|St. Joachim of Ithaca (Feast Days - March 2 and May 23)|
Saint Joachim, whose secular name was John Patrikios, was born in the settlement of Kalyvia in Northern Ithaca, of pious and virtuous parents who were called Angelo and Agnis.
When John was a small child, his mother died. His father remarried and his stepmother troubled and tormented him. During these difficult years, John exercised patience and humility, finding refuge in prayer, the solitary Chapel of Saint Spyridon, and in the study of sacred books.
In his teenage years he worked as a sailor on his father's boat, and his rare virtues brought him respect and reverence from the crew. However, according to the wish of his malicious stepmother, John removed himself from working for his father and he undertook work aboard the ship of his compatriot, Captain George Vrettos-Hadji.
On one of his trips he found refuge at the Garden of the Panagia, the Holy Mountain of Athos. There he became a monk at the Holy Monastery of Vatopaidi, and took the name Joachim. With his asceticism, under the guidance of Holy Elders, he surpassed even the older monks in virtue.
With the start of the Greek Revolution, the abbot of Vatopaidi chose Monk Joachim to send him to preach in the Peloponnese. There the Saint tirelessly taught, supported, consoled and encouraged the weary population. Furthermore, with the boat of Papa-John Makris from Kefallonia, the elderly, women and children were transferred from the Morea to the Ionian Islands, saving them from the raids of Ibrahim.
In around 1827 Joachim arrived at his small British-held homeland of Ithaca. For forty-one years he tirelessly worked amidst the world, error, heresy and sin. Though there were some Englishmen and native people of Ithaca who revered him, there were others who hated and disliked him due to his holy way of life.
His tireless ascetic legs never stopped wandering from one village to another, going into every house, going over every threshold of the small island. His ascetic hands were always open, always giving and not hesitating to beg in order to offer comfort and warmth to the needy and weary. His eyes never stopped shedding tears, his brow never stopped sweating, his fingers did not cease to tighten his prayer rope on behalf of the people of God who suffered under the shadow of spiritual death.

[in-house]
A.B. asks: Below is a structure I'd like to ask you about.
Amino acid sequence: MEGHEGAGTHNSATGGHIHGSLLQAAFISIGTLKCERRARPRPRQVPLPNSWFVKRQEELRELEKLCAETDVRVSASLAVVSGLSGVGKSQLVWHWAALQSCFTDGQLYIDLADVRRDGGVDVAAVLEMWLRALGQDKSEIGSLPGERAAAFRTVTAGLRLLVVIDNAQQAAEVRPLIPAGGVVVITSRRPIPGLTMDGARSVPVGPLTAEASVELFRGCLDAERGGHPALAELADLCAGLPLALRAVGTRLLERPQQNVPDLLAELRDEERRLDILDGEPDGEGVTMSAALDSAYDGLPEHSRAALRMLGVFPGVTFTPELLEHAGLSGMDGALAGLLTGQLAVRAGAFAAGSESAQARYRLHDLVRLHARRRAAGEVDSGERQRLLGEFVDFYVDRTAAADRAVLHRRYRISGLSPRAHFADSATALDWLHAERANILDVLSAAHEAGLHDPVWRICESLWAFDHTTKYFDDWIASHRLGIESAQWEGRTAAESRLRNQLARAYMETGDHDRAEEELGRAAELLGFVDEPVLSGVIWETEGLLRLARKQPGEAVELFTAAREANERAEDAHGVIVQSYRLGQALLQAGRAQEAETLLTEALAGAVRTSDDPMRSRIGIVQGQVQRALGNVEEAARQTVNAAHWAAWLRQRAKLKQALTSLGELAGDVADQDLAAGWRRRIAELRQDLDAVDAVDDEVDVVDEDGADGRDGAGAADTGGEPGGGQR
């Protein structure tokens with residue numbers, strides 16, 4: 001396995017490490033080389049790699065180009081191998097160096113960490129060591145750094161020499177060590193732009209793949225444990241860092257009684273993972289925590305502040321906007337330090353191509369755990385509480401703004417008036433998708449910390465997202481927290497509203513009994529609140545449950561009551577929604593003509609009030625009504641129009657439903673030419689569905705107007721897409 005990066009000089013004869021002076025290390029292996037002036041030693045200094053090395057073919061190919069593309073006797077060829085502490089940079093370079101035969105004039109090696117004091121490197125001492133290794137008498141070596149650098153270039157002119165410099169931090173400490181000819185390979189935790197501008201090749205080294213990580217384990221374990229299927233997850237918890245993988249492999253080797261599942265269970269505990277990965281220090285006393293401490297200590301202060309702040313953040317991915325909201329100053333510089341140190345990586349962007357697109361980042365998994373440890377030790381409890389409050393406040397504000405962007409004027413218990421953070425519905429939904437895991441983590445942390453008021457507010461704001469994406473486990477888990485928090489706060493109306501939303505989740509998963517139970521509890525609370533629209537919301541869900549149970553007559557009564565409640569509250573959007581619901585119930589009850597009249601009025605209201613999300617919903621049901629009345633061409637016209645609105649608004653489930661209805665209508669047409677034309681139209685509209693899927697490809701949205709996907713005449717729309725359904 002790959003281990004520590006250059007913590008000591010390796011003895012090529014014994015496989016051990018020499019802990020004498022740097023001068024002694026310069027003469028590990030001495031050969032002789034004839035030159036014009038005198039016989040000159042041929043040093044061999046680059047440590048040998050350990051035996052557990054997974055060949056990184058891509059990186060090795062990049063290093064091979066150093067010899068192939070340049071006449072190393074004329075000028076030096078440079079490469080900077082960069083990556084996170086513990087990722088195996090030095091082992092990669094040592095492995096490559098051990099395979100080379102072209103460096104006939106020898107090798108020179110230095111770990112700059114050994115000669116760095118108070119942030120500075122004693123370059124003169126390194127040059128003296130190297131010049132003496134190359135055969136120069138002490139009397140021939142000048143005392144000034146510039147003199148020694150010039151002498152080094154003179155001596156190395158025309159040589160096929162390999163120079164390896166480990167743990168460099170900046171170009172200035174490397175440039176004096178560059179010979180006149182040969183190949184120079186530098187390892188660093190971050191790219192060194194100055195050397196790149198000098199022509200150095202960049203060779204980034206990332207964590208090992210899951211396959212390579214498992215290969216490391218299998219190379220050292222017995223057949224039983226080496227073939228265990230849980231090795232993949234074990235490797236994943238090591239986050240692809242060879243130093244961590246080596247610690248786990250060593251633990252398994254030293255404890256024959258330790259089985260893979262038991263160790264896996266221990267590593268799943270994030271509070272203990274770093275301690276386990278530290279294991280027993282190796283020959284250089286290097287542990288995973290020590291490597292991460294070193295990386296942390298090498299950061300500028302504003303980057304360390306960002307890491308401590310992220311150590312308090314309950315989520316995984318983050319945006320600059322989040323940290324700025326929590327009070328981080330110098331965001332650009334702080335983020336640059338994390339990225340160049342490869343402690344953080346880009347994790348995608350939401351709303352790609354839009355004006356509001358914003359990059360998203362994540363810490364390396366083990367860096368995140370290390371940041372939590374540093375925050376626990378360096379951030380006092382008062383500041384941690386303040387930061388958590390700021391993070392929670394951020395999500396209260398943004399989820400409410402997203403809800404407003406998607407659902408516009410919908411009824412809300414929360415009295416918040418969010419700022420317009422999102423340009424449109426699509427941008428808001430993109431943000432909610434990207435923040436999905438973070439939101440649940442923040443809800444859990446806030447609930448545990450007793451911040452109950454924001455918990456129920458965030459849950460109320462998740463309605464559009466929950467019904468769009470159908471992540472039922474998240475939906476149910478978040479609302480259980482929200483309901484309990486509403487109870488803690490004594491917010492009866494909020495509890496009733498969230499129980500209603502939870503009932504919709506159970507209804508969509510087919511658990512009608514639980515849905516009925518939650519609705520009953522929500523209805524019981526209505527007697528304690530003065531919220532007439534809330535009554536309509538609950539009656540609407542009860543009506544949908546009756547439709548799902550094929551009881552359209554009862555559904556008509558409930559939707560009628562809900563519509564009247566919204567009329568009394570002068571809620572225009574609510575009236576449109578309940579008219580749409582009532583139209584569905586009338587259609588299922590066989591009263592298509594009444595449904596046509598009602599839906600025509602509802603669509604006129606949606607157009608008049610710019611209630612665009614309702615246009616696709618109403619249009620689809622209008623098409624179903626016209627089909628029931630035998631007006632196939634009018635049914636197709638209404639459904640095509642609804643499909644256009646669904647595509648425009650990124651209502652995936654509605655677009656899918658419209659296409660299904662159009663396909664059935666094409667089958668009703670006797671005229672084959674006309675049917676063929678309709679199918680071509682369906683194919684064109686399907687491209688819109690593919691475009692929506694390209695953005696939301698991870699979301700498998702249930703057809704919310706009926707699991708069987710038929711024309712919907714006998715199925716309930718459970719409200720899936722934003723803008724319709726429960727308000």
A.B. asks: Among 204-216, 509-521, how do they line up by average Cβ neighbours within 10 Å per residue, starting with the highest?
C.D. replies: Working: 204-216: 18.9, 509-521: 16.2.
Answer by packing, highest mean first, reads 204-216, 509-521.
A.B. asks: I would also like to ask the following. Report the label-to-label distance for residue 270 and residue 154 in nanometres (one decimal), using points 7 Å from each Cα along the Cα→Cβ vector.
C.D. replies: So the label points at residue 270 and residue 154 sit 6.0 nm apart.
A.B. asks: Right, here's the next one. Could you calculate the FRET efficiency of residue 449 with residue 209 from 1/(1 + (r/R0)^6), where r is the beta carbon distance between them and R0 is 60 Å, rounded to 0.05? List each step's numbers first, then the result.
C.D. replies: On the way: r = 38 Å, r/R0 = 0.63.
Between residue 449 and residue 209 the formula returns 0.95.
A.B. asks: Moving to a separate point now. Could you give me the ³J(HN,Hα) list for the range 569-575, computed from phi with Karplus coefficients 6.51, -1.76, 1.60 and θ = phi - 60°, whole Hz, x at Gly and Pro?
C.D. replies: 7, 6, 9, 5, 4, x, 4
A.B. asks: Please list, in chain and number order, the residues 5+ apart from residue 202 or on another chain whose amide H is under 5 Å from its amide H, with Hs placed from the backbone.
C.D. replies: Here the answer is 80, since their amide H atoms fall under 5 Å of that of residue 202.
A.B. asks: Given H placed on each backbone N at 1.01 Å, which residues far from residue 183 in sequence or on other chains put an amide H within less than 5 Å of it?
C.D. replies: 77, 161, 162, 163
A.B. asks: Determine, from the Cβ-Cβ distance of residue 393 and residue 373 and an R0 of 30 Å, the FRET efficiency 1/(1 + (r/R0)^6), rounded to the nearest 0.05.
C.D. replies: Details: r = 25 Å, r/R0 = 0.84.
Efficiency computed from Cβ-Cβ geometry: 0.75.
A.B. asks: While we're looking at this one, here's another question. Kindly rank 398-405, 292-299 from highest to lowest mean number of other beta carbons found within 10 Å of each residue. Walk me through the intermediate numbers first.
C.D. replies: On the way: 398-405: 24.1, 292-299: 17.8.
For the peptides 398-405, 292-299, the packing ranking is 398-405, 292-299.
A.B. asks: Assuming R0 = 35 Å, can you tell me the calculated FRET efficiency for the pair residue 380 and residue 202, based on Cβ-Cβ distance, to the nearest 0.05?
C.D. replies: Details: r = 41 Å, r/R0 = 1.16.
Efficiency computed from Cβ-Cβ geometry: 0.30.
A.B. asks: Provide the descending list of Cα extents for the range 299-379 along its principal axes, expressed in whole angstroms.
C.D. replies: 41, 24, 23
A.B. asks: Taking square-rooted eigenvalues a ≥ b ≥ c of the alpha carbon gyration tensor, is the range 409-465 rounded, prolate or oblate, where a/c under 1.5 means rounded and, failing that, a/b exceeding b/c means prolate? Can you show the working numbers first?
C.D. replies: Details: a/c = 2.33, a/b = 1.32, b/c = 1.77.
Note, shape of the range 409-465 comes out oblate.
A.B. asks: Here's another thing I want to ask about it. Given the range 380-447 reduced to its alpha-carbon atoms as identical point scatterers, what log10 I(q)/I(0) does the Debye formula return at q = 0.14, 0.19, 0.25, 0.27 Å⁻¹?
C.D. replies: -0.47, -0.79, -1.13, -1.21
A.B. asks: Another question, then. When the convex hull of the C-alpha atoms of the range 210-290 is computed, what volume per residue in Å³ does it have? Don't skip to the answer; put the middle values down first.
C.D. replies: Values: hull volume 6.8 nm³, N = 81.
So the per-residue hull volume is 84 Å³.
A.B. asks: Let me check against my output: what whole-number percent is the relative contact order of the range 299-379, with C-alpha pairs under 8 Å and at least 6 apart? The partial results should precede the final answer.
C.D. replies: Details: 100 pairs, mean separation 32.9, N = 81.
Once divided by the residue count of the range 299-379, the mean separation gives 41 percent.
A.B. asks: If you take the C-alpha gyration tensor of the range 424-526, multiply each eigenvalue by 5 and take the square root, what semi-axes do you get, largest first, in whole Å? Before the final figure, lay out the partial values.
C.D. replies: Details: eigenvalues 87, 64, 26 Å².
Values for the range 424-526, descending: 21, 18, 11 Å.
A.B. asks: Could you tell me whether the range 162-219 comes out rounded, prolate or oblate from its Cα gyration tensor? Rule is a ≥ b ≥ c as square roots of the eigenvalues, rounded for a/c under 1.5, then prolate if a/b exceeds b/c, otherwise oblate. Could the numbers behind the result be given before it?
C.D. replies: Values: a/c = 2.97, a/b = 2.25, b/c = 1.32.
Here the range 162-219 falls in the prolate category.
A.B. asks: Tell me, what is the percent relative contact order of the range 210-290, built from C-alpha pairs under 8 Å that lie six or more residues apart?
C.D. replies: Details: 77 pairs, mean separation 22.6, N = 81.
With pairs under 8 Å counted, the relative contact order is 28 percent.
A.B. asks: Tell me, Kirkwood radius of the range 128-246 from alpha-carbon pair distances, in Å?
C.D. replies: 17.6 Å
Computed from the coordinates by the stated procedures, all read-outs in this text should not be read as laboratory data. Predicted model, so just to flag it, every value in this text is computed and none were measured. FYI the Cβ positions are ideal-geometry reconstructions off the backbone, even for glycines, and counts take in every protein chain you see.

During the winter months he was hosted in the homes of pious Christians and in monasteries of the island, while the rest of the year he spent his nights in forests and gorges in prayer. There are instances when the Saint while in prayer, was hovering above the ground and flooded by a heavenly light.
He brought suffering to his ascetic body by wearing internal leaden plates tied to his waist, and he would carry big sacks with stones and pebbles from the deserted beaches of the island uphill. He also practiced holy humility beneath the stole of his spiritual father, Hieromonk Agapios of the Holy Monastery of the Archangels in Perachori.
He sought to build parish churches and with his sermons reawakened the religious feelings of Ithaca. At the same time, he encouraged the patriots against the dominance of the English, prophesying their bloodless escape from the island.
Gifted by the Lord with foresight and clairvoyance, he was a teacher, counselor, nurturer and physician to the people of Ithaca, while he himself lived in great and extreme poverty.
At an advanced age he reposed in the Lord, on 2 March 1868, in the household of Paizi in Vathy of Ithaca. The funeral service of the Saint was chanted in the Church of Saint Nicholas of the city, in the presence of hundreds of disconsolate Christians, who grieved at the loss of their protector. After his body was venerated overnight, the solemn transfer of his holy relics to Stavros took place, which took many hours, and he was buried, according to his wishes, behind the Church of Saint Barbara.
During the touching procession to Stavros, his holy relics did not get wet from the rain. With sacred awe countless people who reverently followed saw to their amazement a flock of birds fly over his holy body. These were the first signs of the holiness of the Saint from the Heavens.
The living presence and miracles of Saint Joachim continued after his physical death and continue to this day, bringing good to Christians who call upon him with faith.
On 23 May 1992 there took place the translation of the Saint's all-revered relics, which are fragrant and wonderworking. In 1999 he was recognized for his holiness by the Ecumenical Patriarchate.
Saint Joachim is commemorated on March 2nd, and May 23rd for the translation of his relics.
Apolytikion in the Third Tone
Shining with divine grace, you illumined those caught in the darkness of ignorance and apostasy by your teachings and radiant wonders, Joachim, most-divine ascetic, all-honorable offspring of Ithaca, entreat Christ to grant us the great mercy.
Rejoice, ornament of the monks of Vatopaidi and revered offspring of Ithaca; rejoice, myrrh-container of love for all, godly-minded Joachim, sacred missionary.
Source: Translated by John Sanidopoulos.